27 September 2009

Salers, the town

Town or village... It certainly feels like a town, with its narrow winding streets, ramparts, and big central square. But it has fewer than 500 inhabitants, so I guess it is a village. It has a church, of course, and an outdoor market. Salers is in Cantal, in the Auvergne region.

Auvergne lost a lot of its population starting in the 19th century, when the railroads came in. Paris is full of "refugees" from the region. Life down there in those deep valleys, with a harsh climate, wasn't easy. But it's a fantastically beautiful area now. Green and a little empty.

On the streets of Salers

The day we were there in early September it was very foggy. The sky was white, and you couldn't see the valley below the town because it was fogged in. We wandered around, taking pictures and enjoying the street scenes. It was all kind of dark and quiet at first.

A view out over the edge of the town to the cow pastures beyond

The dark volcanic lave stone that everything is built out of is hard to get used to. The fog that morning gave us a taste of what winter must be like — all in grays, blacks, and whites. At least in summer and early fall, however, the monotone quality of it is broken up by some greenery and plenty of flowers (a lot of red geraniums, as everywhere in France).

A nice weathervane

Most of the houses in Salers were built in the 1600s and 1700s, a period of prosperity for the town. It became the judicial center of the region, and a lot of well-to-do lawyers settled in. The wars of religion were ending, and France was entering into an era of relative political stability. The railroads hadn't yet arrived to take so many people away to Paris.

An old doorway with its decorations, dating from 1700

Salers was not deserted the day we walked around it. There was at least one busload of senior citizens — people our age, ha ha ha — clogging up the streets. We tried not to be engulfed by that crowd. Walking into a crowd with a dog on a leash is always a dangerous thing to do. Callie was glad to be out of the car and walking around, but she was a little confused by the whole experience.

One of a kind vases and lamps made by "The Recykler" —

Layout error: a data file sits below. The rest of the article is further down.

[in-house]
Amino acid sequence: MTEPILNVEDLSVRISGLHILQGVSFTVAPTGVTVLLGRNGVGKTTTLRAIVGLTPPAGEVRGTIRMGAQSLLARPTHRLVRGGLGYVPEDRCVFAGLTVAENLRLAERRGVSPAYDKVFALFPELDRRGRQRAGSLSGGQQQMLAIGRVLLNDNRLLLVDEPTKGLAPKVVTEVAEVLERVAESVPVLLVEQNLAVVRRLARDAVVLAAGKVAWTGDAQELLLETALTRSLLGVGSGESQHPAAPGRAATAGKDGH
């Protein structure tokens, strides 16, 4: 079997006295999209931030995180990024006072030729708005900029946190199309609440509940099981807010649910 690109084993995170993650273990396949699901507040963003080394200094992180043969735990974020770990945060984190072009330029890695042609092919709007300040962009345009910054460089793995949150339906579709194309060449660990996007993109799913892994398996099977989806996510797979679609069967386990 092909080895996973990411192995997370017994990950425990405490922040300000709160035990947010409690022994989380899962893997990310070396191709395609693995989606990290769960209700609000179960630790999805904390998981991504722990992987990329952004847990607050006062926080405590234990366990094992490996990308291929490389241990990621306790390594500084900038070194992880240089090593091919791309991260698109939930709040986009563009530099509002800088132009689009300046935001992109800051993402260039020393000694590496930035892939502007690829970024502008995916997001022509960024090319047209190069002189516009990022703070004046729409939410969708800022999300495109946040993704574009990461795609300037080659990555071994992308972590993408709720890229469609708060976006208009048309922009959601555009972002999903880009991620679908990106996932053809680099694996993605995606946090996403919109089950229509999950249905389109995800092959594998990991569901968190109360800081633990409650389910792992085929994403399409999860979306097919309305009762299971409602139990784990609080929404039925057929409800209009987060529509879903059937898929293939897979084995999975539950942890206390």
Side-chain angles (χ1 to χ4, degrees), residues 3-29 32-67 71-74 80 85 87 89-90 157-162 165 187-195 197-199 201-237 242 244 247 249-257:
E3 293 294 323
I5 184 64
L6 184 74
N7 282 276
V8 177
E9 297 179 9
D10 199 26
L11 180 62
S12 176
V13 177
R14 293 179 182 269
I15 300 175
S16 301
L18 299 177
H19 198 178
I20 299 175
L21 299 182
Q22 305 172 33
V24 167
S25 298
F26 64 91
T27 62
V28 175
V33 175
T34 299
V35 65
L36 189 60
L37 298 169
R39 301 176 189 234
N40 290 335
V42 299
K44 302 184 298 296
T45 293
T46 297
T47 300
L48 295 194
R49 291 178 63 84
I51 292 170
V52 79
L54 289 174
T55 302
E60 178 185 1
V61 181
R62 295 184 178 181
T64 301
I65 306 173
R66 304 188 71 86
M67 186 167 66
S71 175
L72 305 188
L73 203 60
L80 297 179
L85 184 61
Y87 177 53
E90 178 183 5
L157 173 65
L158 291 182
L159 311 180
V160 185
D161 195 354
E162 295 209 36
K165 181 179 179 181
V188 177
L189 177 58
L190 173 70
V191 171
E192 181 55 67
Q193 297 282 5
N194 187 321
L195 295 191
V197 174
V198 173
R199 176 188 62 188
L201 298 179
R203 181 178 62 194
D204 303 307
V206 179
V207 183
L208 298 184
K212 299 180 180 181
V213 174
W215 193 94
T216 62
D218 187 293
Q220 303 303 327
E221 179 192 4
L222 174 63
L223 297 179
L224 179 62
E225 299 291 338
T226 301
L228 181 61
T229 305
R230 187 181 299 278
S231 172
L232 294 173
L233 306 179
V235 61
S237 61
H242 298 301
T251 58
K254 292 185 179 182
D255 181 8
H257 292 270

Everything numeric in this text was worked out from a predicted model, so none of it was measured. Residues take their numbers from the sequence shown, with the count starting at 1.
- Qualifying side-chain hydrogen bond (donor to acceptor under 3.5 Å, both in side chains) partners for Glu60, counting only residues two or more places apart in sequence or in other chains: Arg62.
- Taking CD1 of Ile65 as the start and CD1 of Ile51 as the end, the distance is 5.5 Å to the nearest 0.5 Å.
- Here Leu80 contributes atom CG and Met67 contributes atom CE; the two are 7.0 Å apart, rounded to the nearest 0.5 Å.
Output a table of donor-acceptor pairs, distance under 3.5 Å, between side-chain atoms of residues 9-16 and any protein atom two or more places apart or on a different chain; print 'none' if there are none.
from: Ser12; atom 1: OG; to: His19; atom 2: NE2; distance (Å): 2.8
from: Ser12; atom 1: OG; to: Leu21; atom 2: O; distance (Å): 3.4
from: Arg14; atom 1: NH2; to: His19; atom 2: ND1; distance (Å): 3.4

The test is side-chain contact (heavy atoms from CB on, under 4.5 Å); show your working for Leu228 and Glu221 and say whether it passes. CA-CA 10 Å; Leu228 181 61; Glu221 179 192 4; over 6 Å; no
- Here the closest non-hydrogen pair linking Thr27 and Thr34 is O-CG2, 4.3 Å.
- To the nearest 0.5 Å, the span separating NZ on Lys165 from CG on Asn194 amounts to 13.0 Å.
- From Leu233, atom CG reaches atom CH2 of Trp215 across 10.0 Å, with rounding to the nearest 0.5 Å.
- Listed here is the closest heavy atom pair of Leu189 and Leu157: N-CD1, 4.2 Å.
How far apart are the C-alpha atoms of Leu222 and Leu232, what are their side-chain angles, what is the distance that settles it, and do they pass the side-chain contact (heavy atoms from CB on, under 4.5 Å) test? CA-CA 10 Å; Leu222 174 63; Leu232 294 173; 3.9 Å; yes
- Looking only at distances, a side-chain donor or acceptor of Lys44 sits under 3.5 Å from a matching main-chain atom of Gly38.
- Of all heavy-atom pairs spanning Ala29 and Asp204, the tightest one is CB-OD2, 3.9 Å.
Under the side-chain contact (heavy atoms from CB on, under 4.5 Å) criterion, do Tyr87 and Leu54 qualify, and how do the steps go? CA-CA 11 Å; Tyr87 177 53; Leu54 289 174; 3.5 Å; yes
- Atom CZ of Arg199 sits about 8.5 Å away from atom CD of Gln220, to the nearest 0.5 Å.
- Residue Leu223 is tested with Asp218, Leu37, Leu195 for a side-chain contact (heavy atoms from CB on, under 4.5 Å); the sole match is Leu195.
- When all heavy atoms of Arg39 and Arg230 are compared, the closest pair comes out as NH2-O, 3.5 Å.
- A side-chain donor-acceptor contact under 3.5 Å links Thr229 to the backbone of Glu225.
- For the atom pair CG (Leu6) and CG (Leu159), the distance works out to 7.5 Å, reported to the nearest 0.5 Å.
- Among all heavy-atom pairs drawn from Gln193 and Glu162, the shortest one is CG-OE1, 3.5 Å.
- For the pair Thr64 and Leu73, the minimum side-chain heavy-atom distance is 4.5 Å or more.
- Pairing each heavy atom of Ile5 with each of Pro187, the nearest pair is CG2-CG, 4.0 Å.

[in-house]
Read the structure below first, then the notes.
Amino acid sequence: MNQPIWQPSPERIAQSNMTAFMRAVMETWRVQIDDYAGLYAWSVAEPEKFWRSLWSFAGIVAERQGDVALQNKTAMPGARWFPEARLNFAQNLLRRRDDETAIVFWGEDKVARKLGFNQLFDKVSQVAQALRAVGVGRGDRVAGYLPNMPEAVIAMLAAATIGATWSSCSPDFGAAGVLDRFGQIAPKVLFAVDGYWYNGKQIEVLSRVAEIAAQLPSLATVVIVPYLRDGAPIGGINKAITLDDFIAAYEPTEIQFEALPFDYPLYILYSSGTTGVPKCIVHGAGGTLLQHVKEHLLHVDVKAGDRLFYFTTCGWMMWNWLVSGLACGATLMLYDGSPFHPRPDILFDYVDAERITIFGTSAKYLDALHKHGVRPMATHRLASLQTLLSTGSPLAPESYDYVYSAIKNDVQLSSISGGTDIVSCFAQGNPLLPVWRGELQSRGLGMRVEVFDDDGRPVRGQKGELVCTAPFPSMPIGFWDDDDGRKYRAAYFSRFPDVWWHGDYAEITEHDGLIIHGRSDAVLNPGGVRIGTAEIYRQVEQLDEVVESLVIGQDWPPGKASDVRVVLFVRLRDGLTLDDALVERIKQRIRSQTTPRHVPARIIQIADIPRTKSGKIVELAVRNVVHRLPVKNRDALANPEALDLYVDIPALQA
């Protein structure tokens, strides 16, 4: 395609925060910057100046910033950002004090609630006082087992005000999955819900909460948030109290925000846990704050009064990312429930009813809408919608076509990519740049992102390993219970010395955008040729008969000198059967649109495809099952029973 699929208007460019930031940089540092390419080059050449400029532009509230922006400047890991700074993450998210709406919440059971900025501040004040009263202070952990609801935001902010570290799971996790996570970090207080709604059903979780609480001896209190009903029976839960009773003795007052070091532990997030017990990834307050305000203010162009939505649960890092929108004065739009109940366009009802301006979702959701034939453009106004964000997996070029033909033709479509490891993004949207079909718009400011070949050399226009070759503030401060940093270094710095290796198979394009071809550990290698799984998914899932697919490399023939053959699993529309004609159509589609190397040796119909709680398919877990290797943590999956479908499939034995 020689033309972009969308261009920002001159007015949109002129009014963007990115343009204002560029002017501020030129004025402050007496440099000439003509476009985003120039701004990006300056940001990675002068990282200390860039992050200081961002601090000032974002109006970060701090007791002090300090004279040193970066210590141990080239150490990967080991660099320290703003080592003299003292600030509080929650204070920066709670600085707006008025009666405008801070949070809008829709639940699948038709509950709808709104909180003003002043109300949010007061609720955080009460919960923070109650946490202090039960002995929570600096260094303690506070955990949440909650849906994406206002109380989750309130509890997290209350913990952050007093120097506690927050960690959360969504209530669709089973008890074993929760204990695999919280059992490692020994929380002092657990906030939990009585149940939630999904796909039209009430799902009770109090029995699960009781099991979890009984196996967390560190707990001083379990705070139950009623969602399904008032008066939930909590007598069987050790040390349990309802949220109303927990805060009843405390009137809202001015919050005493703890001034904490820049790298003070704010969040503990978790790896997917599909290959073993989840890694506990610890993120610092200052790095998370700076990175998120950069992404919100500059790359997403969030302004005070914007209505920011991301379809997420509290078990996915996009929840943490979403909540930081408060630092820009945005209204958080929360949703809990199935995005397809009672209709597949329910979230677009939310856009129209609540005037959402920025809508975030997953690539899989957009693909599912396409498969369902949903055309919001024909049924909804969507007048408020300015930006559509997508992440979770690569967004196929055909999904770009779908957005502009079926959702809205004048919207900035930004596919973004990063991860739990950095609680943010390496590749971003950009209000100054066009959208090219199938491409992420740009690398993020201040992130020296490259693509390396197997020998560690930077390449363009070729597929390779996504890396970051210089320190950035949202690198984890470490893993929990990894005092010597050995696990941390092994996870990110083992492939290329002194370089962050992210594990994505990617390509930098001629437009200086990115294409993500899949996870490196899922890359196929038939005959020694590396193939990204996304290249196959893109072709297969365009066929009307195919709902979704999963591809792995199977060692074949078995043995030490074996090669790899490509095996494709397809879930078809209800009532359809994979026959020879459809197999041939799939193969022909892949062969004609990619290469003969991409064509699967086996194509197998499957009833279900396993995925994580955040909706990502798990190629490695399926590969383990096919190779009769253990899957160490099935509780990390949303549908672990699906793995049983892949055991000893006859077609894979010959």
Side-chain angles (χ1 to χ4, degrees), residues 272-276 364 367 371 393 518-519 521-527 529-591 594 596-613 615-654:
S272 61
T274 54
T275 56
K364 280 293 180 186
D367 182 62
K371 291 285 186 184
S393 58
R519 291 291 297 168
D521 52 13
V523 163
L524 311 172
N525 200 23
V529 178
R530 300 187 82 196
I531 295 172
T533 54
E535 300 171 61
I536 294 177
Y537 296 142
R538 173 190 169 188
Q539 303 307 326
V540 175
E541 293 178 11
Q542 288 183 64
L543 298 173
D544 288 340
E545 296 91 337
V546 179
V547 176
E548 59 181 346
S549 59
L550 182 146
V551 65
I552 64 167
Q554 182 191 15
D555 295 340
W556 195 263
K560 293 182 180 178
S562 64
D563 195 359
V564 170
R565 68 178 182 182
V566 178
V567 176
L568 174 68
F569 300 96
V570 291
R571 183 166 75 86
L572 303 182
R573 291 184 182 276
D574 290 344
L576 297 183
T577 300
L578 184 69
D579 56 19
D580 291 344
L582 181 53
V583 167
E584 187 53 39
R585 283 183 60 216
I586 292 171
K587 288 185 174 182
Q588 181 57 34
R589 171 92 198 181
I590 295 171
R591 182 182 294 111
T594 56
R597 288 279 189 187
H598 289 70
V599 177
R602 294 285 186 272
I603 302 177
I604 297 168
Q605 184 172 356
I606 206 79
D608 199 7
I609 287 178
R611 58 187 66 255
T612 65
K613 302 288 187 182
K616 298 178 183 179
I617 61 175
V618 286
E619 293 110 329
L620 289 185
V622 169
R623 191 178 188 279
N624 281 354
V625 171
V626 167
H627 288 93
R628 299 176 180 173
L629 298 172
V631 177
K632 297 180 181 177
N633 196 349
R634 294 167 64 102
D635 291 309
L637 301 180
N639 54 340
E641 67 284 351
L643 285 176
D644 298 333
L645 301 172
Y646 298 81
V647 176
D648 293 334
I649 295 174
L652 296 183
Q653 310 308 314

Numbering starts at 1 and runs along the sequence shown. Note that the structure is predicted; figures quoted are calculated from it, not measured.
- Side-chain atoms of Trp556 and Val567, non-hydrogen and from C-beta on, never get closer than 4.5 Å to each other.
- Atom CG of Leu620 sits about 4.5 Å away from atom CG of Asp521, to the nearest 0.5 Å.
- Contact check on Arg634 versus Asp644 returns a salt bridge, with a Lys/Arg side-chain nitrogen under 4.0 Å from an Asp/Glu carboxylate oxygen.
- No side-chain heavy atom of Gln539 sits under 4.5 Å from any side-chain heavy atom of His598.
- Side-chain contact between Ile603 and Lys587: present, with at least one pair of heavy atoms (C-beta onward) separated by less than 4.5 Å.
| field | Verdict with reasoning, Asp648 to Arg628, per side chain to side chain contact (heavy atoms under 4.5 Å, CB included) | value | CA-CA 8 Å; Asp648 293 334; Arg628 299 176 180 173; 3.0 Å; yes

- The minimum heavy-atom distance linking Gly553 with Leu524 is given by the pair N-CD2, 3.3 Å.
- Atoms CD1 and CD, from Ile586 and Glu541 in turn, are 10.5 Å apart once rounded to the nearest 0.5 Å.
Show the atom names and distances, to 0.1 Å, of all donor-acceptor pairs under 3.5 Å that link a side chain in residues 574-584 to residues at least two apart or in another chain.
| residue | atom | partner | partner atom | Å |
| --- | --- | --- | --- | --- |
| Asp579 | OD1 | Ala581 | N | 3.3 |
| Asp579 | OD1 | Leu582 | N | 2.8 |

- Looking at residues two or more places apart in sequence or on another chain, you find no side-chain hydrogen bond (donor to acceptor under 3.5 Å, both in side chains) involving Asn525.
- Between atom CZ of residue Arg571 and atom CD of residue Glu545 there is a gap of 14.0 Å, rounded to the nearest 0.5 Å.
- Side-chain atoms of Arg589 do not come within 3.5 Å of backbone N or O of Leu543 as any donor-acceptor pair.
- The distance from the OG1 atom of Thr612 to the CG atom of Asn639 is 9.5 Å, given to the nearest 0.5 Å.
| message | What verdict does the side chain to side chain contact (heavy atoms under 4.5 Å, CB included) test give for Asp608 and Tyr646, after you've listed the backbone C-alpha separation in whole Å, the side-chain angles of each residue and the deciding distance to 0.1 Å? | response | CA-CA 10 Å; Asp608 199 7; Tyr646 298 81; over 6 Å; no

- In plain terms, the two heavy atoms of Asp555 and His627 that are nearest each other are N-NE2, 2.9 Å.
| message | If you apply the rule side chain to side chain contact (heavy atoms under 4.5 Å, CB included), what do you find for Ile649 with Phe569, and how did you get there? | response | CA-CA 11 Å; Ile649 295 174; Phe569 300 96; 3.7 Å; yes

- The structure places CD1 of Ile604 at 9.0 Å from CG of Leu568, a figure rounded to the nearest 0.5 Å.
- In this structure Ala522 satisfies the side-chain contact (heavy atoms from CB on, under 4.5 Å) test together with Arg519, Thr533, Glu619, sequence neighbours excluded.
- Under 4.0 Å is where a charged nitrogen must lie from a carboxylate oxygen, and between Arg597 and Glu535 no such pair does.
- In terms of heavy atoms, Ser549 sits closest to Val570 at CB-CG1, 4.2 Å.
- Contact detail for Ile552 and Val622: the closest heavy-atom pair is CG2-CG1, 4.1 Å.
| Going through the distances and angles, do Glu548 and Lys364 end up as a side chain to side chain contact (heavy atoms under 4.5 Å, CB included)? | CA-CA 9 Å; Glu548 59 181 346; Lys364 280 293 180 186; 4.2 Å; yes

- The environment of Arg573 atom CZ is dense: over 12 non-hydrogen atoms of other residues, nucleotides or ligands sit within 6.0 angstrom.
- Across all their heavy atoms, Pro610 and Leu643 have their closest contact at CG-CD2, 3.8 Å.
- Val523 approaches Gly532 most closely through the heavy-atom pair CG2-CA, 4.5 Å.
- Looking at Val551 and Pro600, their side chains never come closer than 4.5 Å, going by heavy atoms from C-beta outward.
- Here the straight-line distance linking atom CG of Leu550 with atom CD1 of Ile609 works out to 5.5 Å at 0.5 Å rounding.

and a splash of color on the side of the street in Salers

I bought some things: a bottle of apéritif wine made from the gentian plant, for example, and some cheese and ham at the market. We spent time talking to a woman who makes Salers and Cantal cheese just a ways west of town and sells it at the market from her truck. This was before we went to the dairy farm near Saint-Chamant, so we had a lot of questions. We looked inside several shops, and there was no lack of them. We tried to stay ahead of or behind the crowd of old people.

There's a lot of picturesque stuff to see in Salers.

Just as we were finishing our stroll and starting to think about lunch, the sun came out. But we had made our afternoon plan, which was to drive 25 miles north and see the Château de Val. The town of Mauriac looked like a good place for lunch, and we had pizzas in mind. But I'm not through with Salers (the town) yet.


  1. I just love those stone buildings. I can imagine that it could start to feel oppressively grey everywhere if there weren't beautiful red geraniums and lush green trees around, though. I've certainly been enjoying these posts!

    Were these "old age pensioners" French?


  2. It's fun seeing Salers again and I'm glad you aren't finished yet. Salers was a picturesque place.

    When we lived in Cincinnati (in the days of the "big red machine" -the 70s) there was an area where people from the Appalachian mountains settled. It was, and still is called "Over the Rhine" and has a colorful history. http://en.wikipedia.org/wiki/Over-the-Rhine

    There was also an area in Atlanta near Grant Park settled by people from Appalachia. I bet the Auvergnans missed their mountains when the moved to Paris! I suppose their truffades and cheeses will always be with them.

  3. I had no idea Salers had such a small population -- I always imagined it as a booming "bourg" of 1,000 people at least. I've enjoyed your posts about the place -- I've never been there despite our proximity.

  4. "Les vacances sont finies". It was really nice to see the Auvergne region through your eyes. Walt commented on the hunting season just starting; do you guys get any pheasants or partridges from your hunter-friends?

  5. I'm so glad you're continuing your reports on Salers. Thank you!



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